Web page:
Margaret Keenan, 90, became the first person to be vaccinated with the Pfizer-BioNTech vaccine early on Tuesday, but the second person to get it also hit the headlines and tickled some funny bones – the reason: his name is William Shakespeare.
Both received the vaccine in the University Hospital in Coventry in the Midlands, not far from Stratford-upon-Avon, the birthplace of the better-known Bard of Avon. The modern-day Shakespeare is 81, which makes him eligible to be in the first group to receive the vaccine.
His name sparked much ado and creativity on the social media, evidence that there is lots in a name. The image of Shakespeare receiving the vaccine was widely shared, with remarks such as: ‘The Taming of Flu’ and ‘The Two Gentlemen of Corona’.
One commentator wondered if Keenan were to be called Patient 1A, would Shakespeare be “Patient 2B or not 2B?” Another said he was “glad he (Shakespeare) wasn’t Bard from having it”, and some hoped that “In a world when people hardly ever remember who came second, the second person to get the Covid jab might stick in the memory”.
Health secretary Matt Hancock also had a laugh on live television that the second person to receive the vaccine was named William Shakespeare, insisting the vaccine roll-out “makes you so proud to be British”.
Among those lined up to first receive the vaccine are Hari Shukla, a retired teacher and race relations campaigner in north England, and his wife, Ranjan, 83, at the Royal Victoria Infirmary in Newcastle.
They are among the over-80-year-olds prioritised to receive the first of the 800,000 doses in 50 hospitals across the UK. The vaccine is administered in two doses, 21 days apart.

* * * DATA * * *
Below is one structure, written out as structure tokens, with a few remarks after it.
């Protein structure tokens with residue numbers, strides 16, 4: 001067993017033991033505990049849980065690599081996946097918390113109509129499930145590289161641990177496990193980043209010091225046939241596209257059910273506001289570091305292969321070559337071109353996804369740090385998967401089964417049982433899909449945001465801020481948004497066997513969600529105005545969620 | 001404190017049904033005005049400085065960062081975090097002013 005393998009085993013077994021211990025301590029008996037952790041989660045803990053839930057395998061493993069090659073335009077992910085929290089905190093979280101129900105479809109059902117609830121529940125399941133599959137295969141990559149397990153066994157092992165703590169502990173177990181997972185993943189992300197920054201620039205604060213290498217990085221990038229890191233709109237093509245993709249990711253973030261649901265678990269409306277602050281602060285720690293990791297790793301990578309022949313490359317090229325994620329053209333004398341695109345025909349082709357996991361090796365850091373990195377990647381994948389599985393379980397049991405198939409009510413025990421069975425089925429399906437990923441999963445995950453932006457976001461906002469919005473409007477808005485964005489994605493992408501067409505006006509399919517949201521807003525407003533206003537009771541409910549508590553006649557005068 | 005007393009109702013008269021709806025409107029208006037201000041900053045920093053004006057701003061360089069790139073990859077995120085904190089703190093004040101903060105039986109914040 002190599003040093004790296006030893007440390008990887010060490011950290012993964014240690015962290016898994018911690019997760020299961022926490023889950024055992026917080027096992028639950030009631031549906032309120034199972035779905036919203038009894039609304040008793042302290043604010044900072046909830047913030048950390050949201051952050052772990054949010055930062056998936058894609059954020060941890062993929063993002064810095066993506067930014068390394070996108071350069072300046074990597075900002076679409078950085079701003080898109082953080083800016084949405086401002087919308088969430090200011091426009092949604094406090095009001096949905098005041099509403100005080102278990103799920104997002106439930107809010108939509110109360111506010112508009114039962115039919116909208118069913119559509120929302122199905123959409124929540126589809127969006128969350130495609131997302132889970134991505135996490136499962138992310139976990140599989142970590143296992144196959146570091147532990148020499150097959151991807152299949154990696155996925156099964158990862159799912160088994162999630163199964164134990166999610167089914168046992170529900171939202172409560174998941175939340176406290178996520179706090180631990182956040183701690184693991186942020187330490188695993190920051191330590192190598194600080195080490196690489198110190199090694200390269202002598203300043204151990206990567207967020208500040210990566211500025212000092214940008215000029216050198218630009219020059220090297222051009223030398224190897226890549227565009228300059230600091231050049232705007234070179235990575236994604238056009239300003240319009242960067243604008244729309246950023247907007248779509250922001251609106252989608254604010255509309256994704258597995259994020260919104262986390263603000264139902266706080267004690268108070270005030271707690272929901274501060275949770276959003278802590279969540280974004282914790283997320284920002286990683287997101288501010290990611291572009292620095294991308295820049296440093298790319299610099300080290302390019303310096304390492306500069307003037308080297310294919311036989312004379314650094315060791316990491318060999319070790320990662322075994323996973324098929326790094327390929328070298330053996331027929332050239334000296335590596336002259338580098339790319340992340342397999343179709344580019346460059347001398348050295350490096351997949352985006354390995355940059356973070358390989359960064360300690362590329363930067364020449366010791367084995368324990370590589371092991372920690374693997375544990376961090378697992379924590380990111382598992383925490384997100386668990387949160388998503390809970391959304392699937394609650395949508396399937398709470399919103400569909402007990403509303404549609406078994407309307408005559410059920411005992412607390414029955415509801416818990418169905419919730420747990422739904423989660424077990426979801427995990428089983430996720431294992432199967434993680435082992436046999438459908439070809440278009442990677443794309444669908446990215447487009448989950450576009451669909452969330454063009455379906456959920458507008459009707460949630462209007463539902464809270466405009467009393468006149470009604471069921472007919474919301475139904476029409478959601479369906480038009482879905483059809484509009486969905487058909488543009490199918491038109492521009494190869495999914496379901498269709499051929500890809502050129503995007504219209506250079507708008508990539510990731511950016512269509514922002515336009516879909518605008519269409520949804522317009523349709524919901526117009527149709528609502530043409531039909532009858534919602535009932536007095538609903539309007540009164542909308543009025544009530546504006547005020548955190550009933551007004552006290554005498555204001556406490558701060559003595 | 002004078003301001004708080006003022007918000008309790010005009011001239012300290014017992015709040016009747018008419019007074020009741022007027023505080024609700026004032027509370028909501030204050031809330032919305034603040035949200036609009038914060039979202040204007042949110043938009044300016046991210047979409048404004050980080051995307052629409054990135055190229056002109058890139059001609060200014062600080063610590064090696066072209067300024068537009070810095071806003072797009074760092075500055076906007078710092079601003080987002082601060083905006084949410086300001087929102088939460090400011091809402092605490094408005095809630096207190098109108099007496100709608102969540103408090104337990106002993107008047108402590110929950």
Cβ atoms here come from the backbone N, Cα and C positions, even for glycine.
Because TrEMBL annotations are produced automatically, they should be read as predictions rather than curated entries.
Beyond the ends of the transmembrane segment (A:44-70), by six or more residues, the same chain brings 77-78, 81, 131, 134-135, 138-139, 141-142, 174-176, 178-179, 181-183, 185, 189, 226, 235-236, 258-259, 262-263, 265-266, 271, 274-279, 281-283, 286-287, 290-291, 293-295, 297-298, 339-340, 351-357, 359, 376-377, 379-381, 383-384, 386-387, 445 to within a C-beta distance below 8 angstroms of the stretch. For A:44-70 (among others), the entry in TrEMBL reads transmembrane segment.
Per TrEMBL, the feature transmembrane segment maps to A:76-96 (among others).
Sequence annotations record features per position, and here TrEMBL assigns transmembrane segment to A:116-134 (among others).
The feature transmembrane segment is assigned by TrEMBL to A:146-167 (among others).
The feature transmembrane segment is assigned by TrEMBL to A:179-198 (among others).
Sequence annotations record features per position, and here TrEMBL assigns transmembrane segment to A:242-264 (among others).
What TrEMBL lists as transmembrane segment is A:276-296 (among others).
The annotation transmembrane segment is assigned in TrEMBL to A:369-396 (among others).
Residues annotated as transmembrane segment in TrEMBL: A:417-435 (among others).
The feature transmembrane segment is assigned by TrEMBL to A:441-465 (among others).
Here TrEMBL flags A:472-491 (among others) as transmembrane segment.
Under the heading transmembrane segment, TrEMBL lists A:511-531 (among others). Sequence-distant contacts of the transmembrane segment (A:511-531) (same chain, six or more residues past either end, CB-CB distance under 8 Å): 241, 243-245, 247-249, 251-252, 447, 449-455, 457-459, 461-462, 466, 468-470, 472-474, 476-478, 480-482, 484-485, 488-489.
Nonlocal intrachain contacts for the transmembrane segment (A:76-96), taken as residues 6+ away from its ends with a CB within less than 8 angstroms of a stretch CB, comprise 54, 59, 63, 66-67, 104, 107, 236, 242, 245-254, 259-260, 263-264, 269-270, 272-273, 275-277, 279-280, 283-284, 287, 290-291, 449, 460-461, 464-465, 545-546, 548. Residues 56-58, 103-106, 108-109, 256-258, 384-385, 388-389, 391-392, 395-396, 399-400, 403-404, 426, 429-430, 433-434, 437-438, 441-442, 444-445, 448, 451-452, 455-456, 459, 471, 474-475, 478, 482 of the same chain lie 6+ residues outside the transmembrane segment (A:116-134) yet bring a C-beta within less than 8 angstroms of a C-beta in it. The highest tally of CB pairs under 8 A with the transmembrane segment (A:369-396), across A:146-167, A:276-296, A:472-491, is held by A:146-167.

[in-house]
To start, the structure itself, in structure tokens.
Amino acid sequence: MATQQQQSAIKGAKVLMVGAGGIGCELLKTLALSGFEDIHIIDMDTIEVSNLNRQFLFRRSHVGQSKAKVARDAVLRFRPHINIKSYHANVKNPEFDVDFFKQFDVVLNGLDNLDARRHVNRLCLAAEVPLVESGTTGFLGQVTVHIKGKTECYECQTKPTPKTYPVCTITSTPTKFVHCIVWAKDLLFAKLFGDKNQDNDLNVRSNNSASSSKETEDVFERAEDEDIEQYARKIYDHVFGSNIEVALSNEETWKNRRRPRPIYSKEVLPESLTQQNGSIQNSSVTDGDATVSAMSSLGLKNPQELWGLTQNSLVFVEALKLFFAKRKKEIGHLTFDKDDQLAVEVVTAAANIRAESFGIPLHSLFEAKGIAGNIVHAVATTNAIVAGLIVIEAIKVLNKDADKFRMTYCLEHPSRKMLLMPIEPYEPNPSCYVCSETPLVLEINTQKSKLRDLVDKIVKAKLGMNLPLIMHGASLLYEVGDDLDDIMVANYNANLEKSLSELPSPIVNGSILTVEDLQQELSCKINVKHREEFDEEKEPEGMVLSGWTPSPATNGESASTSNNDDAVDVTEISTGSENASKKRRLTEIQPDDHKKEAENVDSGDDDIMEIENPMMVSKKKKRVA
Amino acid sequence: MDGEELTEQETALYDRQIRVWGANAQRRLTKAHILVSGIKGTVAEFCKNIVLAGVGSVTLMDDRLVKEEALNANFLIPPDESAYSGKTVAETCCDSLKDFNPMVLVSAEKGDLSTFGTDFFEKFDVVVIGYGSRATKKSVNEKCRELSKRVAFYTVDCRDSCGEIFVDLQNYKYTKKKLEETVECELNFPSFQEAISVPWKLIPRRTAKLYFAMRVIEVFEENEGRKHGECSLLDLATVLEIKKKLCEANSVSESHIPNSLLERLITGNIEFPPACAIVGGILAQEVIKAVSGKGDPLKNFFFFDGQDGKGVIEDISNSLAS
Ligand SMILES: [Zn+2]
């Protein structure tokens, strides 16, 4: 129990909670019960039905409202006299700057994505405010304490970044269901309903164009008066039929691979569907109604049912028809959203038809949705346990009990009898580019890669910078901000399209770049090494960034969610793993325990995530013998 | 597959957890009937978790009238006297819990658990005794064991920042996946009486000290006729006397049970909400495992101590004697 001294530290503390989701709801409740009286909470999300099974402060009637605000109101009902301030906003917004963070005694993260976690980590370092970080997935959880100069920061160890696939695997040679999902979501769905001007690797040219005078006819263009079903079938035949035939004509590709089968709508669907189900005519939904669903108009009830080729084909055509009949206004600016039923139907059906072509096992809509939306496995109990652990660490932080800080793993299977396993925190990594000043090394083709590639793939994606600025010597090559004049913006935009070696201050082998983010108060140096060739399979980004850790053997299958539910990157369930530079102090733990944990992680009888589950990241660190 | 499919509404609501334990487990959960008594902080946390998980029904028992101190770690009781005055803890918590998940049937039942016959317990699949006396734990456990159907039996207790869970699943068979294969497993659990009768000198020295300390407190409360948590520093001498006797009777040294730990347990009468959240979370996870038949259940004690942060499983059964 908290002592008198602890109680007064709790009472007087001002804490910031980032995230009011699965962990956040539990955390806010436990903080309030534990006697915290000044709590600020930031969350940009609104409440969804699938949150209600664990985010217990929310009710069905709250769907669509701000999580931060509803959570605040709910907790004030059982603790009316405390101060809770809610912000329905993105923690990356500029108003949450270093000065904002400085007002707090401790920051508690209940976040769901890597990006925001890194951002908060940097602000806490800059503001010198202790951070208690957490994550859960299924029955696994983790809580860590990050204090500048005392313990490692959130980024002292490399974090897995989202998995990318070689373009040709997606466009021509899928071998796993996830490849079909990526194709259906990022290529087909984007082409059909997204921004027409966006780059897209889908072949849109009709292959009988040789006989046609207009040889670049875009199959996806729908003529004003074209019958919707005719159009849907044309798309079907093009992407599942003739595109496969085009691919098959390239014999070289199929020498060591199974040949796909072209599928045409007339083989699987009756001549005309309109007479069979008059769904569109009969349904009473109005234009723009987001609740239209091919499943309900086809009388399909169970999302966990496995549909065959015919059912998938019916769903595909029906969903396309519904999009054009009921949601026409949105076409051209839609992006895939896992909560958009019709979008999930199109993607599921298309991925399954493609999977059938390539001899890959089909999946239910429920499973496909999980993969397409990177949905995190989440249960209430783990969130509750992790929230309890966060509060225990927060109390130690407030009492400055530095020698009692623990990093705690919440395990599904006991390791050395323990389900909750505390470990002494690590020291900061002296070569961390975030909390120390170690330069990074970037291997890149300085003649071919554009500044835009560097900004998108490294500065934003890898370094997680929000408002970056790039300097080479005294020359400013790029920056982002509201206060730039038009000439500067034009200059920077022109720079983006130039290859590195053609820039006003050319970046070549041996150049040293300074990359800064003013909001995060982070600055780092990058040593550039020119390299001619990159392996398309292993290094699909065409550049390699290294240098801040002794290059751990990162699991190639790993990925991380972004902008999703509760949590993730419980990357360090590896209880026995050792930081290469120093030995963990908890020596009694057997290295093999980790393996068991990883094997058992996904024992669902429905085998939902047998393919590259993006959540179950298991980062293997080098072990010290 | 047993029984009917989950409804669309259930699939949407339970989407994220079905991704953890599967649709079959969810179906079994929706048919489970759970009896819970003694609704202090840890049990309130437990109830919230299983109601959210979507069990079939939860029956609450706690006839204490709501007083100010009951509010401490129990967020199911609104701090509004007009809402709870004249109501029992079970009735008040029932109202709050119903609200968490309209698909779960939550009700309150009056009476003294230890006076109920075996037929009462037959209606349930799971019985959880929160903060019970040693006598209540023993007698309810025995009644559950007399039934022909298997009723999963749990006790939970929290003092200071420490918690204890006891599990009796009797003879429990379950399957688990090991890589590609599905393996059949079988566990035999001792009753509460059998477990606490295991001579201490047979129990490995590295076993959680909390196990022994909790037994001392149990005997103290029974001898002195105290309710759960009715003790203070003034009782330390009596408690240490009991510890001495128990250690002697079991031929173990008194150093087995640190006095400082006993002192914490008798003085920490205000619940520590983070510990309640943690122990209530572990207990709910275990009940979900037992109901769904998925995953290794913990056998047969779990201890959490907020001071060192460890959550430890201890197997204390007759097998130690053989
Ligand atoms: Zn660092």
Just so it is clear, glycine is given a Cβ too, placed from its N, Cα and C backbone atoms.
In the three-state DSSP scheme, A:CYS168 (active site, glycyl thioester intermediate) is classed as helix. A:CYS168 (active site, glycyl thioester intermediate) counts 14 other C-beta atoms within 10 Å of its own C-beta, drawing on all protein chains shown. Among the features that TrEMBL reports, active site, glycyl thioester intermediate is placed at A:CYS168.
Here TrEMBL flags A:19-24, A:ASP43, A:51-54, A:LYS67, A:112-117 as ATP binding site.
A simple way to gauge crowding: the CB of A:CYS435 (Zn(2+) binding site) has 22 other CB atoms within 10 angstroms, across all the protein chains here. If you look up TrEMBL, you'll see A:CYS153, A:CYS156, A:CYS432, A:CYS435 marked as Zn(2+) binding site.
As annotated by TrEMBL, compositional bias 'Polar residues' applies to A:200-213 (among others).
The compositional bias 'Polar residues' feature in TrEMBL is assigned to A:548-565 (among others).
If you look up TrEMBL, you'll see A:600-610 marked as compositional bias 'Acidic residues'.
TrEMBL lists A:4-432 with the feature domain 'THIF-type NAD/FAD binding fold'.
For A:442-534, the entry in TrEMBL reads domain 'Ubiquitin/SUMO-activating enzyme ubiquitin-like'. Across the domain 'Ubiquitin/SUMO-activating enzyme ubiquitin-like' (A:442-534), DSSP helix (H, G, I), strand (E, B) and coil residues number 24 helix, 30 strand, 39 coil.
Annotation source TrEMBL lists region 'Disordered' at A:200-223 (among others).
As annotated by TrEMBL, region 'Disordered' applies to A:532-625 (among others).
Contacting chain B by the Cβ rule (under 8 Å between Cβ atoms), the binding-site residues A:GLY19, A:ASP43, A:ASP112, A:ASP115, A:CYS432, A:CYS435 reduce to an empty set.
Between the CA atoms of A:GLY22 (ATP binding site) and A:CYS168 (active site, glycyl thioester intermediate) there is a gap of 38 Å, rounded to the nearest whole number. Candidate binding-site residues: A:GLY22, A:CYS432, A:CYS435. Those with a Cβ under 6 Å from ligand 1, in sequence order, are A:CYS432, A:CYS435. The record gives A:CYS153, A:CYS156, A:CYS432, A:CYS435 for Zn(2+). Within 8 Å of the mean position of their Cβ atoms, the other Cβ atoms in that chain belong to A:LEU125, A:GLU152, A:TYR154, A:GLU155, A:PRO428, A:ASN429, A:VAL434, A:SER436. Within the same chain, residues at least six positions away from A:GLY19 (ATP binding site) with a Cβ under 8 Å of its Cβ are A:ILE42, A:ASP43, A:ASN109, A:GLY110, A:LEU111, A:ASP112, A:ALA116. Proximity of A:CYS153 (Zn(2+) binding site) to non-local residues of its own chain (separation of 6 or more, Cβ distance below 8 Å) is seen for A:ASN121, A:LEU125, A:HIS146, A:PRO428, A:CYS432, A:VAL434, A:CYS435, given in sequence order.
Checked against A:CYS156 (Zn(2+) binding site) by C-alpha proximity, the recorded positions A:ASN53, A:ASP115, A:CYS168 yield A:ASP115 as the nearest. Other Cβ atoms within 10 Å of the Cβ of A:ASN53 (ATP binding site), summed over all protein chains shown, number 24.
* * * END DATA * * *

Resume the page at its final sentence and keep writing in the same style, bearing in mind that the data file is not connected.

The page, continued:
Awarded the royal honours of MBE, OBE and CBE for his work in race relations, the Uganda-born Shukla said: “I am delighted to be doing my bit by having the vaccine, I feel it is my duty to do so and do whatever I can to help. I feel very comfortable and happy to be the first one”.
“As far as I’m concerned, I’m excited about it. We were waiting for this vaccine for a very long time. Having been in contact with the NHS staff, I know how hard they all work and I am grateful for everything they have done to keep us safe during the pandemic”.
The UK has ordered 40 million doses of the vaccine and is expected to receive 4 million more by the end of this month. The UK regulator is also evaluating the clinical data of the University of Oxford/AstraZeneca and Moderna vaccine candidates.
Shukla, widely seen as a local hero, added: “We hope that everybody will participate in it and get back to next to normal. I have been following the news and our scientists have done a wonderful job. I have no doubt in my mind they are the best in the world.”
Several individuals such as Shukla and Ranjan receiving the vaccine is being publicised widely by the UK’s health authorities to overcome anti-vaccine anxieties among some people, as well as content on social media.
Queen Elizabeth, 94, and Prince Philip, 99, are also expected to be among the first to receive the vaccine.
Prime Minister Boris Johnson said: “Today marks a huge step forward in the UK’s fight against coronavirus. As the programme ramps up in the weeks and months ahead, it is as important as ever to keep to the Covid winter plan – following the rules in your area and remember the basics of hands, face and space.”
Simon Stevens, NHS England’s chief executive, called the start of the vaccine programme a “turning point”, and said: “The deployment of this vaccine marks a decisive turning point in the battle with the pandemic. NHS vaccination programmes which have successfully helped overcome tuberculosis, polio and smallpox now turn their focus to coronavirus.”
As of Monday evening, 61,434 people have died in UK hospitals and care-homes, making it the worst affected country in Europe, including over 1,000 people of Indian origin. The number of cases has climbed to 17,37,960.